BROOKLYN, Mich. -- There was no victory to celebrate Sunday,
but Tony Stewart was pretty pleased with his fifth-place finish at
Michigan International Speedway.
Stewart came into the GFS Marketplace 400 as the hottest driver
in NASCAR's top stock car series since Jeff Gordon won six of seven
races in 1998. Stewart had won five of the previous six Nextel Cup
events and his run on Sunday runs his string of finishes in the top
seven to eight straight races.
It certainly wasn't an easy day, with Stewart starting 36th in
the 43-car field and, like many of the other competitors, dealing
with engine overheating from a radiator grill blocked with debris
several times in the race.
He managed to get up to second late in the race, trailing
then-leader Carl Edwards before both of them and most of the other
top drivers had to make late gas stops. Jeremy Mayfield won the
race by running the final 52 laps on a single tank of gas and Scott
Riggs finished second with the same strategy.
"A top-five finish for the Home Depot team is good," he said. "That's why we're smiling. We got up to second, which made me real
proud, but I couldn't stay there at the end with all the pit
Asked about losing his shot at another win because the race
turned into a fuel economy run, Stewart shrugged.
"It's part of racing," he said. "It is kind of frustrating to
a certain degree, but, at the same time, we all could have got fuel
like everybody else did. And it worked for two guys. But, for us,
we lost three spots. Still, you can smile when you leave her with a
top five finish."
The 2002 series champion came into the race 105 points ahead of
Jimmie Johnson, Sunday's 10th-place finisher -- in the season
standings. Stewart now heads to Bristol, Tenn., for next Saturday night's race 126 ahead.
Stewart and Johnson are the only drivers who have clinched spots
in the 10-race Chase for the Nextel Cup that begins after the
next three events.
It was another difficult day for four-time
series champion Jeff Gordon, who is trying desperately to earn a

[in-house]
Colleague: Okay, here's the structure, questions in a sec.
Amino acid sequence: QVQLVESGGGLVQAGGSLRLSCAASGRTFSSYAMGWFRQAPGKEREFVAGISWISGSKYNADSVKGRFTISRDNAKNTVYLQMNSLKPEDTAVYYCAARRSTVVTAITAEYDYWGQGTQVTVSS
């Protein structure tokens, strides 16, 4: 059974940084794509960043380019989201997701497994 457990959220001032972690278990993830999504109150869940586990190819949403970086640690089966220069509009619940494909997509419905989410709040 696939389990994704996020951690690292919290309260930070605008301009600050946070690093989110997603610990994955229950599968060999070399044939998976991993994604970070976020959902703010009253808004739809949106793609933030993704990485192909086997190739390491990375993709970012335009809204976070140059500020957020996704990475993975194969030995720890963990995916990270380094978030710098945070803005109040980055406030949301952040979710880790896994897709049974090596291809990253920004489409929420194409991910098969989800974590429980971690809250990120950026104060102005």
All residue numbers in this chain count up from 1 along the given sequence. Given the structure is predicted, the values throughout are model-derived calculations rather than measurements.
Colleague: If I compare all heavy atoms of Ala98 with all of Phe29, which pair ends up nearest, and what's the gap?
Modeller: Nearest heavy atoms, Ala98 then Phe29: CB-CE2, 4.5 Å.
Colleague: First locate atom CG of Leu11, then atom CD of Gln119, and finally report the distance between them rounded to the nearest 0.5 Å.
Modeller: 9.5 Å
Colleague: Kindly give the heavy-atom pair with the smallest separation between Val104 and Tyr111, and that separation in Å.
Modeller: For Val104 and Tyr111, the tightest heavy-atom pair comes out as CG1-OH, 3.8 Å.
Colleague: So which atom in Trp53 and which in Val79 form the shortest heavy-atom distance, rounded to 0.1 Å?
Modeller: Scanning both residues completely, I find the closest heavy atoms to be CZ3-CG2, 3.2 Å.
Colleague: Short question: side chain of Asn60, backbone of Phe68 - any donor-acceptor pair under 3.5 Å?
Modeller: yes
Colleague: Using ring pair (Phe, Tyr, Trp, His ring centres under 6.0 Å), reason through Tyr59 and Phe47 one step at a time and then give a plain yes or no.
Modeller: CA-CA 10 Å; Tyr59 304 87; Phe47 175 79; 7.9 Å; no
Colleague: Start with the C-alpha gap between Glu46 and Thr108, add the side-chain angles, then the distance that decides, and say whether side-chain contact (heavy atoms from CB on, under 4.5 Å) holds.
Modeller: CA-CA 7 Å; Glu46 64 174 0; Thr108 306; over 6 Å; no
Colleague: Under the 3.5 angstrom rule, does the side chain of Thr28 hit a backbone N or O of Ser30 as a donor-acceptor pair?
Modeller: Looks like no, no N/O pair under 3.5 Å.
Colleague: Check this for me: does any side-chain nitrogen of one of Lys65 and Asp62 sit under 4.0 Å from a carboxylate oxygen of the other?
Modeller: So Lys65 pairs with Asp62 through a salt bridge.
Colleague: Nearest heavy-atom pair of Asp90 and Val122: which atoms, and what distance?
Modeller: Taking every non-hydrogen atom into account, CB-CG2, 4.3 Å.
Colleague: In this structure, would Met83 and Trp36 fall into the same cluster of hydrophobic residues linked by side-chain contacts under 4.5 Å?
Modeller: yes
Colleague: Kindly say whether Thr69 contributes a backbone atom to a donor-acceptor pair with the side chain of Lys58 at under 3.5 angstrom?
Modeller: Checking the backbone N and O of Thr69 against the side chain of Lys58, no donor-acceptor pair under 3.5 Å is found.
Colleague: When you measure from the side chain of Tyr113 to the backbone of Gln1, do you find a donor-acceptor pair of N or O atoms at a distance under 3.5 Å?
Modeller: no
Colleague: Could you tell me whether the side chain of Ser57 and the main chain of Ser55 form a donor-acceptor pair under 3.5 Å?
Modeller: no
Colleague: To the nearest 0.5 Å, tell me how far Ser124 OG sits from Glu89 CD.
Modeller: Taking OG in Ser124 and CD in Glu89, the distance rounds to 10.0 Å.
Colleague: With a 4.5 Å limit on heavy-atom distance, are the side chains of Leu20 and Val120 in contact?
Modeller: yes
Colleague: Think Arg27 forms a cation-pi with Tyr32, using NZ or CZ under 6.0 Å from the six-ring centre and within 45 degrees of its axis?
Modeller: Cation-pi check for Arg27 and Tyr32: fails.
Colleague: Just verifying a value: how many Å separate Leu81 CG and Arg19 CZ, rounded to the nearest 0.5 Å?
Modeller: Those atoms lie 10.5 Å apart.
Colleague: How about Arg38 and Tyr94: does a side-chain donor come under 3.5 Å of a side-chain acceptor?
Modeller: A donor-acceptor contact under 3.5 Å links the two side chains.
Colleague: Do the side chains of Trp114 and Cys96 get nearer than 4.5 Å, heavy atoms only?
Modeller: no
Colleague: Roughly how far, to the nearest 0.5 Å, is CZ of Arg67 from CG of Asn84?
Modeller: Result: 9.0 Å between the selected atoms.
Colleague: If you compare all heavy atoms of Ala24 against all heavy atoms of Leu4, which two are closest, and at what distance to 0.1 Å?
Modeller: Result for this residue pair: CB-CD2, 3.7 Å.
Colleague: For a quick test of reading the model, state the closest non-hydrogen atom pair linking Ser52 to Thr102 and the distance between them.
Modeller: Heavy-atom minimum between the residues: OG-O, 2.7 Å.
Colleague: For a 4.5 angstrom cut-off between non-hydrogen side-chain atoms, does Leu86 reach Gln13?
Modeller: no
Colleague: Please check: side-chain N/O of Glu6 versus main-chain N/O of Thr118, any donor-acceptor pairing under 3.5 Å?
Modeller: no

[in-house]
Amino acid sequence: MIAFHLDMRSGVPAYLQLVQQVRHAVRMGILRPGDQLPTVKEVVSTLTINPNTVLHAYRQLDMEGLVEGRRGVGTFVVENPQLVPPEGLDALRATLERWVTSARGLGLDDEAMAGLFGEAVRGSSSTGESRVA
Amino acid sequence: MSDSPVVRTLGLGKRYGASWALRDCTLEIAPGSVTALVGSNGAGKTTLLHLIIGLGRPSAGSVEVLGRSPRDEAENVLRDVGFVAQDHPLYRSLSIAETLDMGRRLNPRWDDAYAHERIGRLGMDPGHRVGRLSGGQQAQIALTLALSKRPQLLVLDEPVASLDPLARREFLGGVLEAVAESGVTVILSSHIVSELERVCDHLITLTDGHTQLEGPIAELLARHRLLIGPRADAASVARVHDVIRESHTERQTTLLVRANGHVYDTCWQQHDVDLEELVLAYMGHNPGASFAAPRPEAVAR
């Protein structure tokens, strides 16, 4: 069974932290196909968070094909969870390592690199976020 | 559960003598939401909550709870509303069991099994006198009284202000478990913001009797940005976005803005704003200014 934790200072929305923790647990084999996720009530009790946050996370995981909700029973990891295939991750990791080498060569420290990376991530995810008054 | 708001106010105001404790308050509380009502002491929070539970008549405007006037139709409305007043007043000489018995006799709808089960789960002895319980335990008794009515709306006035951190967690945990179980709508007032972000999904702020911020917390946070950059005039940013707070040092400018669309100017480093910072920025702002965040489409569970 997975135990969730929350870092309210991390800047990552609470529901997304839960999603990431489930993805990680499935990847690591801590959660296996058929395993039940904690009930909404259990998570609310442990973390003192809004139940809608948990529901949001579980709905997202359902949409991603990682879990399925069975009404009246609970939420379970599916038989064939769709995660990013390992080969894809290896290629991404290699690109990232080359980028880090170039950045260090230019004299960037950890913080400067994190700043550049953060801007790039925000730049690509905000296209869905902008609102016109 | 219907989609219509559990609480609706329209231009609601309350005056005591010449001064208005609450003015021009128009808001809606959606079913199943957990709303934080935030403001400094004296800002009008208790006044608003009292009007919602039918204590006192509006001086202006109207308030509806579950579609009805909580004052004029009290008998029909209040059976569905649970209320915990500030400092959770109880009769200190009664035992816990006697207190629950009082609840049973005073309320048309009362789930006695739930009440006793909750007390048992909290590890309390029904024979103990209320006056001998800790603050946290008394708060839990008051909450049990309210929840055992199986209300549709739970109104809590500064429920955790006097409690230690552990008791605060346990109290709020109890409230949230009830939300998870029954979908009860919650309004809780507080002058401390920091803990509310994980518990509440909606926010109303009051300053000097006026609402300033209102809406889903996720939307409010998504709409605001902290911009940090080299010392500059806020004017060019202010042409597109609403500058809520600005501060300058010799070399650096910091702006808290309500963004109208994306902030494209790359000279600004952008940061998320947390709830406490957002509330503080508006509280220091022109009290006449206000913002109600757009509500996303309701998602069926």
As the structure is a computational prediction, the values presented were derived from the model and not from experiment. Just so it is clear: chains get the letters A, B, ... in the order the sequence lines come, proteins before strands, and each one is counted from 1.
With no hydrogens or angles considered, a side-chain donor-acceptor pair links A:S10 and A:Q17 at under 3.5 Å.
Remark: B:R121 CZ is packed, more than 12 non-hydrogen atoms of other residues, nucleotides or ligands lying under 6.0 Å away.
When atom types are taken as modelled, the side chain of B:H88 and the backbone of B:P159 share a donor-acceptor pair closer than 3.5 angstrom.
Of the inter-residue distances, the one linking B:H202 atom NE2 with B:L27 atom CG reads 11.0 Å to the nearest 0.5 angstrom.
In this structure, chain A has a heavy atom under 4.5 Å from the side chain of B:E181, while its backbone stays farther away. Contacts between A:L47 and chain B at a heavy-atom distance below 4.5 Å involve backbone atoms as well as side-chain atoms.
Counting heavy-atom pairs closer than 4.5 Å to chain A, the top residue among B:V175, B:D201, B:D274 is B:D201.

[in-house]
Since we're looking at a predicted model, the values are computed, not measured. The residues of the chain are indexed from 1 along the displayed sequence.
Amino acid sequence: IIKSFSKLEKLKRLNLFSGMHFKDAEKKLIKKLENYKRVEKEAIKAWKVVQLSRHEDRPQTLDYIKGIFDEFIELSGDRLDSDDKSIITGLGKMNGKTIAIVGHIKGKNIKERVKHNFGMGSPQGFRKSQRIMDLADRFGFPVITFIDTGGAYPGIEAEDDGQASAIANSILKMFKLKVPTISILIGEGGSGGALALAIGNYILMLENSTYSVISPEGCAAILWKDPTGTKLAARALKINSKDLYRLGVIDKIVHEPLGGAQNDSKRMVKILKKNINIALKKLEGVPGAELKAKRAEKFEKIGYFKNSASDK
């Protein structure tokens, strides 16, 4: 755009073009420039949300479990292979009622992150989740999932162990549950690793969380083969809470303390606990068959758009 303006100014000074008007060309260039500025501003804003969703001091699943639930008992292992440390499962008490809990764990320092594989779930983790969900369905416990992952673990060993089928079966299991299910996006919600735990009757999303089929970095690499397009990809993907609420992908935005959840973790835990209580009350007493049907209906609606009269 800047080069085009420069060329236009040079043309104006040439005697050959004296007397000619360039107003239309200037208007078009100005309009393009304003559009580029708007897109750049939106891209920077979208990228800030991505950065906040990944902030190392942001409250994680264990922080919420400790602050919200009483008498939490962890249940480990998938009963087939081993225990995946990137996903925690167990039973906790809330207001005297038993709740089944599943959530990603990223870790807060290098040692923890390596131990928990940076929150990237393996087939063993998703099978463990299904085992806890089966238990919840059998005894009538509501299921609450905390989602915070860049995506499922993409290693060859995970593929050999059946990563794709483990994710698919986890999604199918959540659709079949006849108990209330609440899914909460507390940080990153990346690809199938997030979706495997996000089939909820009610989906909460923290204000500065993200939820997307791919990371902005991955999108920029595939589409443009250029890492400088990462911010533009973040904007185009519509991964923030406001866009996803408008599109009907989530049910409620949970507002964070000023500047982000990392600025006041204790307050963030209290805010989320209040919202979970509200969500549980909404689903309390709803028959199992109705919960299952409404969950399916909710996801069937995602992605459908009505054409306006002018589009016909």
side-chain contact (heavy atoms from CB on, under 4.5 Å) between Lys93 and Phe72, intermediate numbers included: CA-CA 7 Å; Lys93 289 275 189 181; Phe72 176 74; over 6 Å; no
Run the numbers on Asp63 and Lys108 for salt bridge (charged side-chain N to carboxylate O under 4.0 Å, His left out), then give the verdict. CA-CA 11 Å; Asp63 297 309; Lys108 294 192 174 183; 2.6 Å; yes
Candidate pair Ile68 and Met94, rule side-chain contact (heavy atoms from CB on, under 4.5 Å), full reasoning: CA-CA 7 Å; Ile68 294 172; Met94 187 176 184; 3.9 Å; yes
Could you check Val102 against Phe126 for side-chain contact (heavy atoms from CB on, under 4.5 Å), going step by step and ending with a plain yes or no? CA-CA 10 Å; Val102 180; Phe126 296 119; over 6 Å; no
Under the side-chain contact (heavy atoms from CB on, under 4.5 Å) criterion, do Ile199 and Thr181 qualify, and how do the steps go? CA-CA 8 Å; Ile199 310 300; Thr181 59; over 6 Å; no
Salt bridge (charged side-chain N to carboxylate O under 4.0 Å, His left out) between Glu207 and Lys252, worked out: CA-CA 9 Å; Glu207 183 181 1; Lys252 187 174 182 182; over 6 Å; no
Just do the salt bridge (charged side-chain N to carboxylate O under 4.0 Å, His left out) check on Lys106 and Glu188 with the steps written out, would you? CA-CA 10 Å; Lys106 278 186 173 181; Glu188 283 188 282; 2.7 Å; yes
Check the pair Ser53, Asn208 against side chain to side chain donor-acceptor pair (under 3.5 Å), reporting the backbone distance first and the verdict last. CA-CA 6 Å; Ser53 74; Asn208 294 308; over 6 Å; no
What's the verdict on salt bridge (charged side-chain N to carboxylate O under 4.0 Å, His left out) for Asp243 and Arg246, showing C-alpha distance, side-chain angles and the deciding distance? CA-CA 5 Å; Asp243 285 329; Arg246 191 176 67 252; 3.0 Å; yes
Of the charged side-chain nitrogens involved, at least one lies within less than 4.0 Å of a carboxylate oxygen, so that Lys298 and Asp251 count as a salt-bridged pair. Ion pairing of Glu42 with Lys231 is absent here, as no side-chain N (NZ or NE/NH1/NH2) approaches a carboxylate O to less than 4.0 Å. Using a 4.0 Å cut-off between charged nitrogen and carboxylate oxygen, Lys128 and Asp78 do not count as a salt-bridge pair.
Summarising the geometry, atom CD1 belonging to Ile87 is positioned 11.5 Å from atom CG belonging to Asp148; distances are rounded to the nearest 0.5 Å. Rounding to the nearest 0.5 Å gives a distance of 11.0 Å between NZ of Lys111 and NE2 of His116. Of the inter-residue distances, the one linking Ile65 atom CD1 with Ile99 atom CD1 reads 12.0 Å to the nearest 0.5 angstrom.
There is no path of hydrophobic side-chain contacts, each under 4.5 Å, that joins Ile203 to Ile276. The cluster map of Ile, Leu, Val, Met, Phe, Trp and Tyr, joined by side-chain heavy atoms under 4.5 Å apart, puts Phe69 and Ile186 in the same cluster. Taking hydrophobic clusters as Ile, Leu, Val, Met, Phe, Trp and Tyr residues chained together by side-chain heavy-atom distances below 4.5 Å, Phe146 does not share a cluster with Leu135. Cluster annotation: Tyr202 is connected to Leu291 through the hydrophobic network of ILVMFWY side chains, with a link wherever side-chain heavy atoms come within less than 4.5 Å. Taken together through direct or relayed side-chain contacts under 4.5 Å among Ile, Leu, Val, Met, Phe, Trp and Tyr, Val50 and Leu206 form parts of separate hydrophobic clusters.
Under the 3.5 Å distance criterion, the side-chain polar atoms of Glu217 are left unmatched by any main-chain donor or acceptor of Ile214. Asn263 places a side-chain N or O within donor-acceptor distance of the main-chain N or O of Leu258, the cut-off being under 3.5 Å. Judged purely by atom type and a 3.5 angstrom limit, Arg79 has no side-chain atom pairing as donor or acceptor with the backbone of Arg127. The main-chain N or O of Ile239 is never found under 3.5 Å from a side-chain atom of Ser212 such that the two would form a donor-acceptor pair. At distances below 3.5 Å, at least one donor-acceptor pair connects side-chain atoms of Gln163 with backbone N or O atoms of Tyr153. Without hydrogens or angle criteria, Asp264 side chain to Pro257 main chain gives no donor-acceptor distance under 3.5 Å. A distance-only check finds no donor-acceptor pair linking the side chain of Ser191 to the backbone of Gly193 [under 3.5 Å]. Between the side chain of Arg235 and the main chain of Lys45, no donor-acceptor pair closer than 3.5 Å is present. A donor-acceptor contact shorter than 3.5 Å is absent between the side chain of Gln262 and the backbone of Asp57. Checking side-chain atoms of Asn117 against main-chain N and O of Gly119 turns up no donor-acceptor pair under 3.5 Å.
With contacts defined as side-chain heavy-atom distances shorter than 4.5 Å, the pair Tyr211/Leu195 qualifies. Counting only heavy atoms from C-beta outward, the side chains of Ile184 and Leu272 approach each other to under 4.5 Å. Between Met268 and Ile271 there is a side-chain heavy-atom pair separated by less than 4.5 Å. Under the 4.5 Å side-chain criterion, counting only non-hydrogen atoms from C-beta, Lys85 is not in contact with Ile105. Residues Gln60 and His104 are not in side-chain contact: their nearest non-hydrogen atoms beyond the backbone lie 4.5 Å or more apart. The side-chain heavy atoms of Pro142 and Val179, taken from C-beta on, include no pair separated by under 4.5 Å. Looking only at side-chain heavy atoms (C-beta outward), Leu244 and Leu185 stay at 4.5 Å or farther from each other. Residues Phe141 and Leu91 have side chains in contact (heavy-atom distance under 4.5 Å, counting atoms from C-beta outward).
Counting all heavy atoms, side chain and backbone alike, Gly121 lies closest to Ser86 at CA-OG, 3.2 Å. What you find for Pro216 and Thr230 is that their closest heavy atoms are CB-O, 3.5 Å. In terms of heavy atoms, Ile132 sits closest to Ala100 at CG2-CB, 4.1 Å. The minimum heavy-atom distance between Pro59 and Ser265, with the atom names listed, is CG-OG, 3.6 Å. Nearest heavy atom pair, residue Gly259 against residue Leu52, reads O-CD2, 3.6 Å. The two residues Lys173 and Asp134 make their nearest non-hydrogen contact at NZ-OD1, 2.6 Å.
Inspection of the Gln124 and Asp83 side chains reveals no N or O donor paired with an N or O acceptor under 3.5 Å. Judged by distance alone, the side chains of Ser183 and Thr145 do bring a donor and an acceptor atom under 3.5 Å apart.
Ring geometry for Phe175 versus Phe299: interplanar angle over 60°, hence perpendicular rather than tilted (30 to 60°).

spot in the Chase.
Gordon, who has struggled with bad cars and bad luck since
winning three of the first nine races this season, managed a
15th-place finish Sunday despite what he called "a terrible car."
"It was horrible," Gordon said. "It's embarrassing, you know?
And I don't know what we've got to do. We've got to find something
because we've tried everything and it's not working."
Sunday wasn't a total loss for Gordon, though. He moved up from
13th to 12th in the points and trails 10th-place Jamie McMurray by
58 points in the battle for the final spot in NASCAR's playoffs
with three races remaining.
Best yet for Riggs
The runner-up finish for Scott Riggs was the best
of his two years in the Cup Series and came at a time when there is
a big question mark over where he will race after this year.
Riggs could re-sign with MBV racing, which brought him to
NASCAR's top series, but there are also reports he will follow
current sponsor Valvoline to Evernham Motorsports, joining current
Evernham drivers Mayfield and Kasey Kahne in 2006.
"What, what I can tell you right now is that nothing is in
stone yet," Riggs said after Sunday's race. "I'm sure that things
will be happening pretty quick here the next week or two. But this
run doesn't dictate what's going to happen for me next year.
"This run just helps all the guys with their morale and keeping
their chins up and knowing we're going the right kind of things
that we need to do. It doesn't affect next year."
The efforts by NASCAR and Goodyear to try to cut
down on the tire problems that have plagued the Nextel Cup Series
this season didn't seem to work very well on Sunday.
One of the worst races for tires was in June at MIS, with
several blowouts and lots of extreme wear, particularly on the
right side tires. Goodyear decided to confront the problem this
weekend by bringing a harder right side tire.
Another problem this year has been the teams experimenting with
air pressures and the angle of the tires, both of which have caused
extra wear and blowouts.
NASCAR took a step last week, restricting the camber angle of
the tires. Then, Sunday, NASCAR inspectors checked the air
pressures prior to the start of the race in an effort to monitor
Crew chiefs were told of the air pressure check during the
drivers' meeting, about two hours before the race. David Hoots,
NASCAR's managing events director, said once the tires were checked
by the inspectors the teams would not be allowed to reset the air
pressures until the first pit stop.
Hoots said the information gleaned by NASCAR would be kept
confidential but would be used to evaluate performance and
considered if any car encounters tire problems.
But, despite the precautions, there are at least half a dozen
flats during the race.
Goodyear spokesperson Carol Swartz said the company's tire
engineers chalked up most of the problems Sunday to punctures.
"It doesn't look like any big tire problem," Swartz said.
"The engineers say the wear was good and there was no excessive
heat problem. There were a lot of cuts and some deflation, just a
lot of odd little things."